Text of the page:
Federal labor law establishes a number of employee requirements that employers must follow. Surprisingly, the FLSA (Fair Labor Standards Act) does not dictate that employees be given meal breaks or rest breaks. However, a number of states do have laws establishing that breaks must be given.
Other states do not offer any break protections. As a result, everyone in the workplace can easily become confused on the subject. The best protection for both employees and employers is to be informed of the applicable state and federal law to make certain all parties are following the regulations that pertain to their company.
To stay compliant, your best bet is to use free shift scheduling software like Homebase that’ll help you make sure you’ve got enough coverage to give everyone on your team their mandated breaks, remind them to take breaks and clock in on time, and more.
Plus, with automatic timesheet error alerts, you’ll see at a glance if someone didn’t take their required breaks or forgot to clock back in.
Federal labor law
Federal labor law enters in when employees have breaks deducted from their check when they do not actually take that time away from their duties. At some businesses, a lunch period is deducted as a matter of course, but many employees don’t actually take a lunch.
If they eat at all, it’s often at their desk while they continue working. Sometimes, employees are paged to take phone calls or resume their tasks before their lunch break is up. Unless employers offer an easy way to edit time cards, they can end up owing a large amount of back pay.
Employees must be reimbursed employees for all the time actually worked. The same policy goes for rest breaks. A company cannot automatically deduct wages for unpaid rest breaks since not all employees take their full break or any break at all.
Employees and employers can protect themselves by making sure lunch and rest breaks are properly tracked and that employees are paid for all the time they actually work.
State law varies a great deal on rest and meal breaks. Some require both paid meal breaks and paid rest breaks while other require no breaks at all. Of course, some employers go well beyond what state law requires. These variations can cause many misunderstandings and incorrect paychecks.
Only 21 states require employers to give their workers lunch breaks, while nine require employers to offer lunch and rest breaks. Many employers in the 29 other states offer lunch breaks but do so because they consider it good policy.
Employees are usually more productive when they have time to regroup and relax during the day. Also, many job seekers would hesitate to take a position where these breaks were not offered.
Those states that require lunch breaks usually do so for employees that are working at least five or six hours a day. Some states mandate that this lunch break cannot be given at the beginning of a shift or at the end. For instance, an employee should expect their lunch break to be somewhere in the vicinity of mid-day.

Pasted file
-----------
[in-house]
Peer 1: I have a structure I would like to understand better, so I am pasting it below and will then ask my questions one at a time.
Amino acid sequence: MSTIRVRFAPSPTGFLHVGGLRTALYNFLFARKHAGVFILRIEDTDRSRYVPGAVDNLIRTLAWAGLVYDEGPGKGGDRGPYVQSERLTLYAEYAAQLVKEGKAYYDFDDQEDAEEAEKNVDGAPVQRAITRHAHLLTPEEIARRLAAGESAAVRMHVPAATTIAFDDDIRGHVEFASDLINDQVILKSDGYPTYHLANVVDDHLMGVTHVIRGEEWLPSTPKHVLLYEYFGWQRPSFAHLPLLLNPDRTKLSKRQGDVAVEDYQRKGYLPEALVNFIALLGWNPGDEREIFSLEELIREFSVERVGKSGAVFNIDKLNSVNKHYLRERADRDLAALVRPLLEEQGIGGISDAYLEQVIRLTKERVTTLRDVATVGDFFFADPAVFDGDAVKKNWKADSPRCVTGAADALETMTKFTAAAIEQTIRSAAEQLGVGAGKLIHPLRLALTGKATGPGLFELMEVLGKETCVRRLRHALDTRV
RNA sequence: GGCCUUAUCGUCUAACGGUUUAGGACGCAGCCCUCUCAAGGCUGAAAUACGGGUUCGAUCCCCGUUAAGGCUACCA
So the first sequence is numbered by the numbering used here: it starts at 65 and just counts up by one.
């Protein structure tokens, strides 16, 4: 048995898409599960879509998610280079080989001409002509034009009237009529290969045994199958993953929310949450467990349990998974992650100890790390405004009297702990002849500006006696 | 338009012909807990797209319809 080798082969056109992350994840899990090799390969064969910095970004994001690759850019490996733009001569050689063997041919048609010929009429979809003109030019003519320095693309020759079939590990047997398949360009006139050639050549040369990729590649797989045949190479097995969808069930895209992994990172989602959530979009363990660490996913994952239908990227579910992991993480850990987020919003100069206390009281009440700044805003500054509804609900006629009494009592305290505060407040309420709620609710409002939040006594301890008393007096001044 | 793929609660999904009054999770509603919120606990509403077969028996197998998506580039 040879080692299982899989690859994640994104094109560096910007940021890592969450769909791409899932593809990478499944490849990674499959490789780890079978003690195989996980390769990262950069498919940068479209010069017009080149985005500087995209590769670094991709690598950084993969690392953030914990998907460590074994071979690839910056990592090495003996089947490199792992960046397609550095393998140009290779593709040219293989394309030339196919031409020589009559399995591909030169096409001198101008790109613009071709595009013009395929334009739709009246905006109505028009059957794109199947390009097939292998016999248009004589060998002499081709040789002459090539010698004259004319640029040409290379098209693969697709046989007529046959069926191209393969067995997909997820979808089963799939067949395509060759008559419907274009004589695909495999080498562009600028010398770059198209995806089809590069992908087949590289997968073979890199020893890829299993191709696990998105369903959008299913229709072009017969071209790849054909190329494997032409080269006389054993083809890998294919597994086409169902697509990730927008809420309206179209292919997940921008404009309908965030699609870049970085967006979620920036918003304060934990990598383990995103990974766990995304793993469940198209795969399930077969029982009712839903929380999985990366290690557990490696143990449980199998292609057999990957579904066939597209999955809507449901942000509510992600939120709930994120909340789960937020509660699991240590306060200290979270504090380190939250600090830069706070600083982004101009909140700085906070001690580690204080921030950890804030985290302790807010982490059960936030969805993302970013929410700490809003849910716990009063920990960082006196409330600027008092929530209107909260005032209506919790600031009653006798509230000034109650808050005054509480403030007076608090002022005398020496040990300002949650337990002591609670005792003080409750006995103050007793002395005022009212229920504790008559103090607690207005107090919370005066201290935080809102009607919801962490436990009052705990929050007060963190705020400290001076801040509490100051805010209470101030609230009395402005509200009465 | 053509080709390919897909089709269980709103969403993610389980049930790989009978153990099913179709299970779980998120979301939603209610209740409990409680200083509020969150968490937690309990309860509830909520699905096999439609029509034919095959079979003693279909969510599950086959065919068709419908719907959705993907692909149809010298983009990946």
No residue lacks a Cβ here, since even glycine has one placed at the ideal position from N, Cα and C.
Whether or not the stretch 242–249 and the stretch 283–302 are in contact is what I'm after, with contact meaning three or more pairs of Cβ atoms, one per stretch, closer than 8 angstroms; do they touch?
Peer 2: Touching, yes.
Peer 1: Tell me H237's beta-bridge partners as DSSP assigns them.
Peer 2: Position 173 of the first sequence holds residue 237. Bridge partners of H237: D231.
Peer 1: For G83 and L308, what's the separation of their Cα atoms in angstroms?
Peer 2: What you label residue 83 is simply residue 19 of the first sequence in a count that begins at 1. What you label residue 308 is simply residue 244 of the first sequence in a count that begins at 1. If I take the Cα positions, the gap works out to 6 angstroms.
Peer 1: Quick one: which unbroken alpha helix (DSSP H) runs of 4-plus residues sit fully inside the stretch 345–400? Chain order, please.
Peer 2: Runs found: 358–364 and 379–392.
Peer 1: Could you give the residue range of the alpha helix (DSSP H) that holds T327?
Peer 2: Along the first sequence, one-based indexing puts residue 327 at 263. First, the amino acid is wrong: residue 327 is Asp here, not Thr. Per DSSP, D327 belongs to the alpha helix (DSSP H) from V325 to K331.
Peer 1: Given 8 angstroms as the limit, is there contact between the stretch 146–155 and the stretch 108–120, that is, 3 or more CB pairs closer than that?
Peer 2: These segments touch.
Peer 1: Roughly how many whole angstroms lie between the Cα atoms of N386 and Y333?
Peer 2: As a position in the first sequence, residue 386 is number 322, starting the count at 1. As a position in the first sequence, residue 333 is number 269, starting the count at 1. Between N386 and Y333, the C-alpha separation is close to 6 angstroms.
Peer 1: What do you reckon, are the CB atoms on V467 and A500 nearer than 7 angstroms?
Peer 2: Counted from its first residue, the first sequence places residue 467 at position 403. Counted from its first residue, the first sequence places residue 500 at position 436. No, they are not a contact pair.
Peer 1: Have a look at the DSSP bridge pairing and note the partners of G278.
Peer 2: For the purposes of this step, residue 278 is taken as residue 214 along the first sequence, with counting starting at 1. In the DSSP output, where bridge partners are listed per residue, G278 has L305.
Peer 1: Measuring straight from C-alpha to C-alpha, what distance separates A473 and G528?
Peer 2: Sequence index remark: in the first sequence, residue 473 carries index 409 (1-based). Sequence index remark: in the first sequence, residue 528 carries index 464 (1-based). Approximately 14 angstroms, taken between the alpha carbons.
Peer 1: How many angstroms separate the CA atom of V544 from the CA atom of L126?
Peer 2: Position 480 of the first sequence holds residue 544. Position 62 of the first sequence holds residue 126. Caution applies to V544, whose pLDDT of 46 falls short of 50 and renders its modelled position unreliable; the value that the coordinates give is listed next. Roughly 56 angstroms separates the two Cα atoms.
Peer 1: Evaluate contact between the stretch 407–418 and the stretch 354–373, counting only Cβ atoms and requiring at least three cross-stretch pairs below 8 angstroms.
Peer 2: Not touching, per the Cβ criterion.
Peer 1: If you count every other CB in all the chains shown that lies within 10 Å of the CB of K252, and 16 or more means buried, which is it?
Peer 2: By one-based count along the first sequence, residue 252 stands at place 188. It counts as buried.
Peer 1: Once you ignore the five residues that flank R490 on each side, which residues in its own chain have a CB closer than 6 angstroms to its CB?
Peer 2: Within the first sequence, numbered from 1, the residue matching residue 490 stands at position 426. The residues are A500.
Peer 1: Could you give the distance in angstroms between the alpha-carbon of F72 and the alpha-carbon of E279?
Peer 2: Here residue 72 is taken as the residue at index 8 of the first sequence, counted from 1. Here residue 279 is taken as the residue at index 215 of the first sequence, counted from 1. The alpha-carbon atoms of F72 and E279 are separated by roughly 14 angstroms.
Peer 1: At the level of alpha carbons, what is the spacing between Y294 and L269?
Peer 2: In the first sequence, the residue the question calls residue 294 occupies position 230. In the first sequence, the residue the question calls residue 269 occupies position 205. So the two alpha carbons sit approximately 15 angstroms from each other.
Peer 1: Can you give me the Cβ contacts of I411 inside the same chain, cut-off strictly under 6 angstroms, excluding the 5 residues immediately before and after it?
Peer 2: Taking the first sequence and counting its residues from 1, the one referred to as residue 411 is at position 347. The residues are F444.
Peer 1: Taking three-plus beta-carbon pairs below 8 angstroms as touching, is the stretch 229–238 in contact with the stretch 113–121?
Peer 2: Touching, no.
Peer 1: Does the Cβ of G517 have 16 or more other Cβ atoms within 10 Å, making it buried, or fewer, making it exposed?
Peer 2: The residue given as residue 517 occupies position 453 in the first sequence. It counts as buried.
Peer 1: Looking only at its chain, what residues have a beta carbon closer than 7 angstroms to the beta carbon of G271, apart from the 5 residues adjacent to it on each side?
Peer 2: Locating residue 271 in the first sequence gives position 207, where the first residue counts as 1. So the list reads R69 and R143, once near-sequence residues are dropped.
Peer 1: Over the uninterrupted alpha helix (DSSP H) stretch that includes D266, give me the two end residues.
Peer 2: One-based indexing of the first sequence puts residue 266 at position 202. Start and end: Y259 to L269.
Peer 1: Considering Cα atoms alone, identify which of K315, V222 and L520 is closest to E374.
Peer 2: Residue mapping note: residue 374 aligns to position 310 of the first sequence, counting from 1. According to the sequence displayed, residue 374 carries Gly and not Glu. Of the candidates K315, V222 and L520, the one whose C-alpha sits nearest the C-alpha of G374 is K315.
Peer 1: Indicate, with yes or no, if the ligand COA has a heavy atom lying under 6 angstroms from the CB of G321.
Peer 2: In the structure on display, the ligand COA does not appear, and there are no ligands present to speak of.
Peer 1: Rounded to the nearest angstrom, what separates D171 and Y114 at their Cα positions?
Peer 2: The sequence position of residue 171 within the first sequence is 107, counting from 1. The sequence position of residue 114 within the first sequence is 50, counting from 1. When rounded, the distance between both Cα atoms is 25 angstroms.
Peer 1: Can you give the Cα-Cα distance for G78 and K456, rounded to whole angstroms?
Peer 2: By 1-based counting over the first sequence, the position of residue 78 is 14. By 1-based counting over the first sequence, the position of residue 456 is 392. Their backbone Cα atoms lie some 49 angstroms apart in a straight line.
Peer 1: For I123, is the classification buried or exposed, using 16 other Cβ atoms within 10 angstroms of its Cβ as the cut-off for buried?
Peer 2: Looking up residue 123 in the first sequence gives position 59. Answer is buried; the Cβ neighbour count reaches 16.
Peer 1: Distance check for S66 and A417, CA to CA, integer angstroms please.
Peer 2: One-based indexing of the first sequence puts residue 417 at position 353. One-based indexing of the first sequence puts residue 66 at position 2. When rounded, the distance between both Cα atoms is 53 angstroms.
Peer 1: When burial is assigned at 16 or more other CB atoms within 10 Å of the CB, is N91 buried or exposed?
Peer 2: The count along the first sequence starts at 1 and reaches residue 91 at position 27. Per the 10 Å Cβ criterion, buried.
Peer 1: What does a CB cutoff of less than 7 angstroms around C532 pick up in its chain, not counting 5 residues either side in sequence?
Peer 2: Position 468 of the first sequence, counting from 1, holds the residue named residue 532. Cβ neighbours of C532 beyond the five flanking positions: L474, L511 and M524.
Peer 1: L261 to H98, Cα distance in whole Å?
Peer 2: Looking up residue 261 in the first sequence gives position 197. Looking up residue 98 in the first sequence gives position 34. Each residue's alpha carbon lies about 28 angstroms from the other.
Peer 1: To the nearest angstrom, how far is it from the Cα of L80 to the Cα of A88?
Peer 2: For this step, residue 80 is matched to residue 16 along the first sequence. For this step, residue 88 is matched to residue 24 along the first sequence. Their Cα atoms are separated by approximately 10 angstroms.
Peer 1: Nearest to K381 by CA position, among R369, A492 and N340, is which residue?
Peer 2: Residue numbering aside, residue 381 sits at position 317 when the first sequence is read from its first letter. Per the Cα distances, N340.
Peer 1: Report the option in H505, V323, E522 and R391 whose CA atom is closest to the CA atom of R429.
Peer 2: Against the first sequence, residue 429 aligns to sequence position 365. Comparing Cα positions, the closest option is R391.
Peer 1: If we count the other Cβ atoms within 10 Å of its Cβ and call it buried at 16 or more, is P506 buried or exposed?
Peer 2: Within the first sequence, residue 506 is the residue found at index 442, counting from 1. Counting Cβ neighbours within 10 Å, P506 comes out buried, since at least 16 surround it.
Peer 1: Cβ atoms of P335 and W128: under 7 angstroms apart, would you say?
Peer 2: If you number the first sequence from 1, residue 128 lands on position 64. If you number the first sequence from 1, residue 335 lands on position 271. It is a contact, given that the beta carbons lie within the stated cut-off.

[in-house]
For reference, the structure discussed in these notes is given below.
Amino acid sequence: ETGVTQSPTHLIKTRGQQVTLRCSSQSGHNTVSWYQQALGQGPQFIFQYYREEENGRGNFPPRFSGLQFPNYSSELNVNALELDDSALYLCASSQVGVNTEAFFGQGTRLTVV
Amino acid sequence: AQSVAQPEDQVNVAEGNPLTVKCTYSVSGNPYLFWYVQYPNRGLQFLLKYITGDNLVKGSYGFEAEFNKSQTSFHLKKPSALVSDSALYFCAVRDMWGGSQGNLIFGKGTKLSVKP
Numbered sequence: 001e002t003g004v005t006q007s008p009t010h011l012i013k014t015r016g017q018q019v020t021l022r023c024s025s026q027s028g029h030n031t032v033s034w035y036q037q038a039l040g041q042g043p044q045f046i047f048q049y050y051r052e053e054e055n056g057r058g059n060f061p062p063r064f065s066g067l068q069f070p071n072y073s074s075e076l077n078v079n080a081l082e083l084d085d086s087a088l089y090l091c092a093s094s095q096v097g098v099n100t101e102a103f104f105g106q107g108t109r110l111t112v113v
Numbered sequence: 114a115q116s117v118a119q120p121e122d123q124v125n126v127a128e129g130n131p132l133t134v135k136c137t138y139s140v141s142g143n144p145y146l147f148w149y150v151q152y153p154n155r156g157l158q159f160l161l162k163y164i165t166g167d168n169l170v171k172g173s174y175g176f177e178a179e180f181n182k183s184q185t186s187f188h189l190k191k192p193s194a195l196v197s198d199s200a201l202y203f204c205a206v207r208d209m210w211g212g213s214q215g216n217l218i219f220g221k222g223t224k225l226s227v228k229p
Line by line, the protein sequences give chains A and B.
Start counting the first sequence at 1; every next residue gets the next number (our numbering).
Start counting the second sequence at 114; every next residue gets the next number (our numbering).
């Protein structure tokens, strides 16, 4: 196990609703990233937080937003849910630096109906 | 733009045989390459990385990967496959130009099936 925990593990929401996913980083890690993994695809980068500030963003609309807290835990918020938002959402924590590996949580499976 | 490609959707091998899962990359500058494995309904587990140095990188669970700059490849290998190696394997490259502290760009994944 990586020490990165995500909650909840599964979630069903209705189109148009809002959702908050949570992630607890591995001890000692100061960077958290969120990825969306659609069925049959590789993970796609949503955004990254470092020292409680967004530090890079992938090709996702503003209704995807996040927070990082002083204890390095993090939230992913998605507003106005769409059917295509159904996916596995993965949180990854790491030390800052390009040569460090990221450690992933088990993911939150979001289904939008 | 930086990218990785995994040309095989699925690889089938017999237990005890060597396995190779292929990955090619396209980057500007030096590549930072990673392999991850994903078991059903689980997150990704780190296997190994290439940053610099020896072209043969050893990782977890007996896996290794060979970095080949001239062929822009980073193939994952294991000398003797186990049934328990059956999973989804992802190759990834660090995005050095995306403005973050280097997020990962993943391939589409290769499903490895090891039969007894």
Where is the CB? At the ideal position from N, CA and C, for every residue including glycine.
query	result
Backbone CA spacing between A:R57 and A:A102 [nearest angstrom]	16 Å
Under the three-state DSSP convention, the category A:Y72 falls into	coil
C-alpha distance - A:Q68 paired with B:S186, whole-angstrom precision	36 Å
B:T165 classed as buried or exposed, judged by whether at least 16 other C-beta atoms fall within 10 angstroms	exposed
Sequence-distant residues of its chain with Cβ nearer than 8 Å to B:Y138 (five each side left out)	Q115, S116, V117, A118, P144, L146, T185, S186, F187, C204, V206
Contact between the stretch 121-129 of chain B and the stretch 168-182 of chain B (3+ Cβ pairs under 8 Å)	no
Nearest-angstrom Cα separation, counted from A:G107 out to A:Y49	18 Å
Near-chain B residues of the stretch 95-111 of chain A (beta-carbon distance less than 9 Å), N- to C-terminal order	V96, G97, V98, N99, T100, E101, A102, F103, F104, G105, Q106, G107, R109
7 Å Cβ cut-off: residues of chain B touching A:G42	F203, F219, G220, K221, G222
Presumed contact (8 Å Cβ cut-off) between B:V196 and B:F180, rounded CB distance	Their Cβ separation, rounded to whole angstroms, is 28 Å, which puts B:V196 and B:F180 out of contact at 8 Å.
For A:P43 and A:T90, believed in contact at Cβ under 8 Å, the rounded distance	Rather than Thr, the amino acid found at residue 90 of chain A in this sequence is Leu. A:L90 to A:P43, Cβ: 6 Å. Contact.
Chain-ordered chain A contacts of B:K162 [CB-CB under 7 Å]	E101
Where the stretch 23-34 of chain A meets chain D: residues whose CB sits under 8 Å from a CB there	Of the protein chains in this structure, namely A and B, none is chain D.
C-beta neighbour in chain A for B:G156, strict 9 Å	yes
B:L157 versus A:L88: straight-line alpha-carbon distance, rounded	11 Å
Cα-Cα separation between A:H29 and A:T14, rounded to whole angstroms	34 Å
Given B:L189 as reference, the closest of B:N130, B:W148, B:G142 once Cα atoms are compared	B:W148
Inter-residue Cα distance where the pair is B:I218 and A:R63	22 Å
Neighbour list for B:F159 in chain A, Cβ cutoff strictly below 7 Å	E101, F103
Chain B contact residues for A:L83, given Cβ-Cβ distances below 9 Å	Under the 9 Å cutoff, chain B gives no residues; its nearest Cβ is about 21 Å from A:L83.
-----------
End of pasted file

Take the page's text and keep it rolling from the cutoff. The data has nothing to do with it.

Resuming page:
A majority of states do not mandate rest breaks. Some give the employer a choice of offering a lunch break or rest breaks. States like California do require employers to offer a ten minute paid break for every four hours worked.
Other states that mandate paid breaks are Colorado, Illinois, Kentucky, Minnesota, Nevada, Vermont, and Washington. As a matter of practice, however, short breaks of 20 minutes or less are generally considered part of the employee’s workday and are not deducted from their check.
Minor employee breaks
Some states like Delaware require employers to offer longer breaks to minors. In that state, adult workers get a 30 minute meal break after seven and 1/2 hours while minors get the same meal break after working five hours. Younger workers are more vulnerable and often still growing. They may well need this extra time to rest from their duties.
Bathroom break laws are slightly different and come from OSHA. Employees are not guaranteed a specific number of restroom breaks each day, but employers are expected to allow reasonable bathroom access without penalty.
Also, the government recognizes that individuals have different bathroom needs, especially those with certain medical conditions, so employers must be careful with any restrictions they might try and impose on their employees in this area.
Employers do have the right to crack down on “excessive” bathroom use, although the definition of excessive is often hard to pin down.
Employers are not required to make any accommodations for smokers. In fact, many businesses are now no-smoking areas. Employees can use their regular rest breaks and lunch breaks to smoke if they wish, but in some cases they will have to leave their workplace to find a place to legally smoke.
Since breaks are usually under 20 minutes, that can limit a smoker’s options. The best plan for both employers and employees is to put a break policy in writing. Often, these two parties have different ideas about what breaks are allowed and whether they are paid or not.
Establishing a clear policy and communicating verbally and in writing will help protect employers. Employees have a right to know the company’s detailed policy on breaks so that they can affirm that it follows state law. Clear communication on this issue will help keep both parties productive and out of court.